The Brentano Quartet has collaborated with such artists as soprano Jessye Norman, pianist Richard Goode, and pianist Mitsuko Uchida, with whom it enjoys an especially close relationship, appearing with her on stages in the US, Europe, and Japan.

    The quartet has recorded Haydn's Op. 71 string quartets and has also recorded a Mozart disc for Aeon Records, consisting of the Quartet, K. 464, and the Quintet, K. 593, with violist Hsin-Yun Huang. A forthcoming release on Aeon will feature Beethoven's quartets, Op. 127 and Op. 131. In the area of newer music, the Brentano Quartet has released a disc of the music of Steven Mackey on Albany Records, and has also recorded the music of Bruce Adolphe, Chou Wen-chung, and Charles Wuorinen.

    In 1998, cellist Nina Maria Lee joined the Brentano Quartet, succeeding founding member Michael Kannen. The following season, the quartet became the first resident string quartet at Princeton University. The quartet's duties at Princeton are wide-ranging, including performances at least once a semester, as well as workshops with graduate composers, coaching undergraduates in chamber music, and assisting in other classes at the music department.

    The quartet is named for Antonie Brentano, whom many scholars consider to be Beethoven's "Immortal Beloved," the intended recipient of his famous love confession. Visit for more information.

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Mozart String Quartet in A Major, K. 464 (Menuet)
Brentano String Quartet

At a Glance

FERRUCCIO BUSONI  String Quartet No. 2, Op. 26

In the realm of chamber music, Busoni's name is not a common sight. Written early in his career, the Second Quartet is the work of a brilliant young mind mulling over several powerful currents from the musical past while embracing the spirit of his own times: Its polyphonic textures and gestures evoke the work of Bach, Beethoven, and Schumann; at the same time, his extremely chromatic style foreshadows the work of younger contemporaries, including Max Reger and Alexander Zemlinsky.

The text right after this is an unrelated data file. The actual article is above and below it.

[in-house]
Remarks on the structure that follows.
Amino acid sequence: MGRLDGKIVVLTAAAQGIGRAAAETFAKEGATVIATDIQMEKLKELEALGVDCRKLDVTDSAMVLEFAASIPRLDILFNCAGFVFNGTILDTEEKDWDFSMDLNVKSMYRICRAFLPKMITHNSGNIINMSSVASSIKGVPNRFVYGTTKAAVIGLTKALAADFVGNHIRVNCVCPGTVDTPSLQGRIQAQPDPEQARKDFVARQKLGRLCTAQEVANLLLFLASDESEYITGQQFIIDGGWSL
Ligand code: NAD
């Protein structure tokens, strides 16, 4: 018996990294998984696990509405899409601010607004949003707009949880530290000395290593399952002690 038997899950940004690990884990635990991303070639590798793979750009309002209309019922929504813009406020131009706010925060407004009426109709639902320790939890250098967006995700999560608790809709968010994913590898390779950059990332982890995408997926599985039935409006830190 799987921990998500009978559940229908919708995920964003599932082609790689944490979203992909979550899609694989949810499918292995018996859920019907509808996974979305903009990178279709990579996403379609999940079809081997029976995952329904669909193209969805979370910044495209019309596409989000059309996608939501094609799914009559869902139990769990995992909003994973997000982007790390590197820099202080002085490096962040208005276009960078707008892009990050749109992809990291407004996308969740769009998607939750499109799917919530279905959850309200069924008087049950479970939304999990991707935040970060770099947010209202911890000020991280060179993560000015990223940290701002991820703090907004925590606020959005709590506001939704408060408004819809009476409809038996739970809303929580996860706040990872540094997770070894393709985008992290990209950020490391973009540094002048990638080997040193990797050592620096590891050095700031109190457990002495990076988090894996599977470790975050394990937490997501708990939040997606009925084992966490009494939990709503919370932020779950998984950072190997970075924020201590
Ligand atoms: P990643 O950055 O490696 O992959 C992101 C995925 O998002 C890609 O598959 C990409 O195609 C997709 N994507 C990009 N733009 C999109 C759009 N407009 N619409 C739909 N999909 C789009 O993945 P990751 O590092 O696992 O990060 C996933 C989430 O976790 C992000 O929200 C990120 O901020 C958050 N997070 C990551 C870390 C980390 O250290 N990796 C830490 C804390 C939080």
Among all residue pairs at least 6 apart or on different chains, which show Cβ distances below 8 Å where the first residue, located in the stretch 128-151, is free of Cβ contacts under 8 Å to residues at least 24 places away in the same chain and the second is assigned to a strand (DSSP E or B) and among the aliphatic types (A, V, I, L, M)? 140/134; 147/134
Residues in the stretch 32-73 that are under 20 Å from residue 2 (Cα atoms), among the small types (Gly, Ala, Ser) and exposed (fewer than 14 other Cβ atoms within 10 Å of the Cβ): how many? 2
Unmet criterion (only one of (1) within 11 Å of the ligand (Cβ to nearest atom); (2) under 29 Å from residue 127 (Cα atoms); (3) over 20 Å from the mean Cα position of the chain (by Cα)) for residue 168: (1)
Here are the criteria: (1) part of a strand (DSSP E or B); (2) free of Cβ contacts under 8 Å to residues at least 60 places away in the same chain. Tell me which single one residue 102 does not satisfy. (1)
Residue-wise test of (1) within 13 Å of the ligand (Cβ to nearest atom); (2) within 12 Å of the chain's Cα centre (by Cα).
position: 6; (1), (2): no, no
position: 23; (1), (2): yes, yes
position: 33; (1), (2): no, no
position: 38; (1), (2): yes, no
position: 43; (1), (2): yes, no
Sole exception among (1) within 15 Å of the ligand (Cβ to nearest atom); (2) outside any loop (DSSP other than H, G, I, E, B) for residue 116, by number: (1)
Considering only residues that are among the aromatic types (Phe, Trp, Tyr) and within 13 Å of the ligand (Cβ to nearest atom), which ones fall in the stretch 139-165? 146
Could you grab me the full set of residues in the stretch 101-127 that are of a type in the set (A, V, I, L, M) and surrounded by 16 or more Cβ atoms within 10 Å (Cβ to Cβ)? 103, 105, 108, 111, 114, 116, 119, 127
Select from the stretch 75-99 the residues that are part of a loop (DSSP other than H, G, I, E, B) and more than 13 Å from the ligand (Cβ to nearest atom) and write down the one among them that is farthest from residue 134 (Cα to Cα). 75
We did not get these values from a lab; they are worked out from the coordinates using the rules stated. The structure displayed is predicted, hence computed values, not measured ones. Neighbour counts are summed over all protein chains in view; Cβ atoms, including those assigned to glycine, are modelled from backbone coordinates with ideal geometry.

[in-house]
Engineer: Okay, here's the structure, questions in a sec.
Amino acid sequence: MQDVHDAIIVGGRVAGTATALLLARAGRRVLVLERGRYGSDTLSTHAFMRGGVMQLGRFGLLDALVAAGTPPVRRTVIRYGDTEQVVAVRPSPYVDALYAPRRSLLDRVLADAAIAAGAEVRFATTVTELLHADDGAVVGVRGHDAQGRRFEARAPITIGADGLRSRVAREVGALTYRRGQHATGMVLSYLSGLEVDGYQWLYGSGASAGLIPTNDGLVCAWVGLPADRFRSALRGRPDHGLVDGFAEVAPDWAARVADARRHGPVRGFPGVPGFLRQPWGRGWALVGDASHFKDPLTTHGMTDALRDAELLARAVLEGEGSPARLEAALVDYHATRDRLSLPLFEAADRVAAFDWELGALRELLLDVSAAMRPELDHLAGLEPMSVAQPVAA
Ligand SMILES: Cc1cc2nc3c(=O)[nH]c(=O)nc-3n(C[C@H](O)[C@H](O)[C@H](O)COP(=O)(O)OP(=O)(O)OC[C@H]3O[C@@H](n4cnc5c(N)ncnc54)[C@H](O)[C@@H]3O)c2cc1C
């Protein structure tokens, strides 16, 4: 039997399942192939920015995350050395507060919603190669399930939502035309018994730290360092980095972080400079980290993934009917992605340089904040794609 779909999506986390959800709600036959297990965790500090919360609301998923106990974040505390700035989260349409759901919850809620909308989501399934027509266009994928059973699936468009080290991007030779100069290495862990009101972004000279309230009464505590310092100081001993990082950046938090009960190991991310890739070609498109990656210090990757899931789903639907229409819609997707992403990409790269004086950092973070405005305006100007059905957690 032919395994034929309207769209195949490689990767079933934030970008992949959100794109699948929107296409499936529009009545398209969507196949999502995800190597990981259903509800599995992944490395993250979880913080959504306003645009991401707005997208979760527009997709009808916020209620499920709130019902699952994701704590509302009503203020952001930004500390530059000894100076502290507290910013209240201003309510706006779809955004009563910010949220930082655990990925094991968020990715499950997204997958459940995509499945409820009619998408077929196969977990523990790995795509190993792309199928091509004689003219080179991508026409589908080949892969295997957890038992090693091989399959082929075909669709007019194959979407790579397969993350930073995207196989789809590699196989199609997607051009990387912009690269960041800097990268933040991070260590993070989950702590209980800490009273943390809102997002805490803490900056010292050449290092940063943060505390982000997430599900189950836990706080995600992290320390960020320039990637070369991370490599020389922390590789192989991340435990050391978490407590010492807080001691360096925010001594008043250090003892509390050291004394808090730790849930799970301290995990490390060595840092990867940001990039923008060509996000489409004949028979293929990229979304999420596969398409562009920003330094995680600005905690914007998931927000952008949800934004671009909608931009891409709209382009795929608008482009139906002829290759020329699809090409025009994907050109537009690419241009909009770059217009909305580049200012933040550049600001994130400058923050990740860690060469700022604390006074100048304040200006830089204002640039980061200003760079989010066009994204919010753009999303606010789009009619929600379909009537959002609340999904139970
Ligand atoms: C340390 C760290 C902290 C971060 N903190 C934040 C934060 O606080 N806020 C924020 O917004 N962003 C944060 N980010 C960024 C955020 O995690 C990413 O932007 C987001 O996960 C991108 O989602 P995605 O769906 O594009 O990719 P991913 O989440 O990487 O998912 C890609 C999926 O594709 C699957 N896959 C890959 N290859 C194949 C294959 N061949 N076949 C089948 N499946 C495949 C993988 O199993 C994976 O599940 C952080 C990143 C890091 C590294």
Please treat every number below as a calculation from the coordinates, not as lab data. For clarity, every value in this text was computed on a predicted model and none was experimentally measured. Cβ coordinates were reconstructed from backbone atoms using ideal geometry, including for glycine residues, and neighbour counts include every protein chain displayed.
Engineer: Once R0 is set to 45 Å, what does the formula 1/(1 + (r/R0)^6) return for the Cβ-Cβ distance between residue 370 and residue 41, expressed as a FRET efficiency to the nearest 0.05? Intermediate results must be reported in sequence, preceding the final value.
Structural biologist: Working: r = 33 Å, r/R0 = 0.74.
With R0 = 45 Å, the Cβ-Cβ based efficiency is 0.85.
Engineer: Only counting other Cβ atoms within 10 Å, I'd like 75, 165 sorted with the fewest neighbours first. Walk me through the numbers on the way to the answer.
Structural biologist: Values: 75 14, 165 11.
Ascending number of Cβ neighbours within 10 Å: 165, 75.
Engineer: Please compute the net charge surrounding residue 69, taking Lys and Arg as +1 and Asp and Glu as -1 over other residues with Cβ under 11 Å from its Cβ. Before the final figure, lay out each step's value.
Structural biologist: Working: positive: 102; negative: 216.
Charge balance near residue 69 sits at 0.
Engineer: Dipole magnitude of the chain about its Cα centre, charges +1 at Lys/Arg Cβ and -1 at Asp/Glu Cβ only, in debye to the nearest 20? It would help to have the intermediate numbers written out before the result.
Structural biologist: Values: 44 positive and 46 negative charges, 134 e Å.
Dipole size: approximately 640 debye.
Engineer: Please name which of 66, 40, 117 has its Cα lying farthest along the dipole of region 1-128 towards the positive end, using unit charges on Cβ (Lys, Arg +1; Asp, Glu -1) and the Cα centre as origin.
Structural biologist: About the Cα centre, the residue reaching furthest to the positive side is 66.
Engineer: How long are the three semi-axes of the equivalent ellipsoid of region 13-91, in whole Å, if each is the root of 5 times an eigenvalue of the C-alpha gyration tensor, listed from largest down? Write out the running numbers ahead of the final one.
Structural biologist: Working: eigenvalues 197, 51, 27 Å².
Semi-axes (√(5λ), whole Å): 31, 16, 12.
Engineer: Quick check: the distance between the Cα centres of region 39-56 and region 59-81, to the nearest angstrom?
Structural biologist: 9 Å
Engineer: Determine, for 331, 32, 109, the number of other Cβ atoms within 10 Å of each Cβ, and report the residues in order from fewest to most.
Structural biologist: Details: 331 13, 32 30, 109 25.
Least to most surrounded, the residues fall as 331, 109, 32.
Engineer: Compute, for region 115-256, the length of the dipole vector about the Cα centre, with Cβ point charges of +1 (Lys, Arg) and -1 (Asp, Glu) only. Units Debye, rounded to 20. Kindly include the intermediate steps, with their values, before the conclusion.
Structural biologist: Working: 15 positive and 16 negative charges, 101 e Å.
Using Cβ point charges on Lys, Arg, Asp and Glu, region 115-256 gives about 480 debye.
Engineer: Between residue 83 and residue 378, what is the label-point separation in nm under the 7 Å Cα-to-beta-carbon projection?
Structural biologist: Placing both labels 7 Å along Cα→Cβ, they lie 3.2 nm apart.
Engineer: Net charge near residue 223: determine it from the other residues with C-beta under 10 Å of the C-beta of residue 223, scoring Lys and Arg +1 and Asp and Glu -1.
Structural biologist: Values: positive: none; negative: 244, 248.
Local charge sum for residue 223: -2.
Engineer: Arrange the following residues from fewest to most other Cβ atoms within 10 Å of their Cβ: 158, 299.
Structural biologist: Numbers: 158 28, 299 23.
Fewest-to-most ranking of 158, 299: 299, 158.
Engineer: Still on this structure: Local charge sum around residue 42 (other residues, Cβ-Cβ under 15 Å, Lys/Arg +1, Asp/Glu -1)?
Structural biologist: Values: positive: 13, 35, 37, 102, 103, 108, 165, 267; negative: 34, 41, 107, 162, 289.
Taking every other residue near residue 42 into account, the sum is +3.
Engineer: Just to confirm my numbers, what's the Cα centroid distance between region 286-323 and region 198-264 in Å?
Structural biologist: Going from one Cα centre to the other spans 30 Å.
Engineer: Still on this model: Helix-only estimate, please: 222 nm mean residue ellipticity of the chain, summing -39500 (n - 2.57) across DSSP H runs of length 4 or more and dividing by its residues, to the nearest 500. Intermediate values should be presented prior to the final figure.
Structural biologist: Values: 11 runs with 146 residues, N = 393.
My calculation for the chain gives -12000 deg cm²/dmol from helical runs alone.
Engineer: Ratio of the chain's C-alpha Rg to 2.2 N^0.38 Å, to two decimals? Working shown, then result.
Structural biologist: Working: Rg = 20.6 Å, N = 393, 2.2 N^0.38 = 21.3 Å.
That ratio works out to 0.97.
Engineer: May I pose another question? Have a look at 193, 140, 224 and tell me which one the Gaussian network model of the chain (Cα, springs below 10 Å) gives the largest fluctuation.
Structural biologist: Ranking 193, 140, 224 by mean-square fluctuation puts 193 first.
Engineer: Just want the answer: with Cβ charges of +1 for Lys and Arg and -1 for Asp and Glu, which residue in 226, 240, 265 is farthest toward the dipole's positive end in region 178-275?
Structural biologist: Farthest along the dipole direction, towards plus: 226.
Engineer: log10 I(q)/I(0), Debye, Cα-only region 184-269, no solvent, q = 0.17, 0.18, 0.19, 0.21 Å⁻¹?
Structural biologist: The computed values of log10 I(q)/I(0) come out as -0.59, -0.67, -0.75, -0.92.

LUDWIG VAN BEETHOVEN  String Quartet in B-flat Major, Op. 130, with Große Fuge, Op. 133

Beethoven's 16 string quartets have long been regarded as the Mount Everest of the genre, the lofty pinnacle that composers have since aspired to reach. His five late-period quartets pose special challenges and offer commensurate rewards for listeners and performers. The quartet in B-flat Major, Op. 130, is laid out in six movements of strikingly diverse characters. In its first incarnation, the quartet culminated in a resplendent display of contrapuntal fireworks. Under prodding from his publisher, however, Beethoven spun the Große Fuge off as a separate opus and replaced it with a more conventional, listener-friendly Allegro. Tonight, we hear the composition performed with its original ending.

Program Notes
This concert and the Brentano String Quartet series are made possible, in part, by an endowment fund for young artists established by Mr. and Mrs. Anthony B. Evnin and the A.E. Charitable Foundation.
This performance is part of Brentano String Quartet.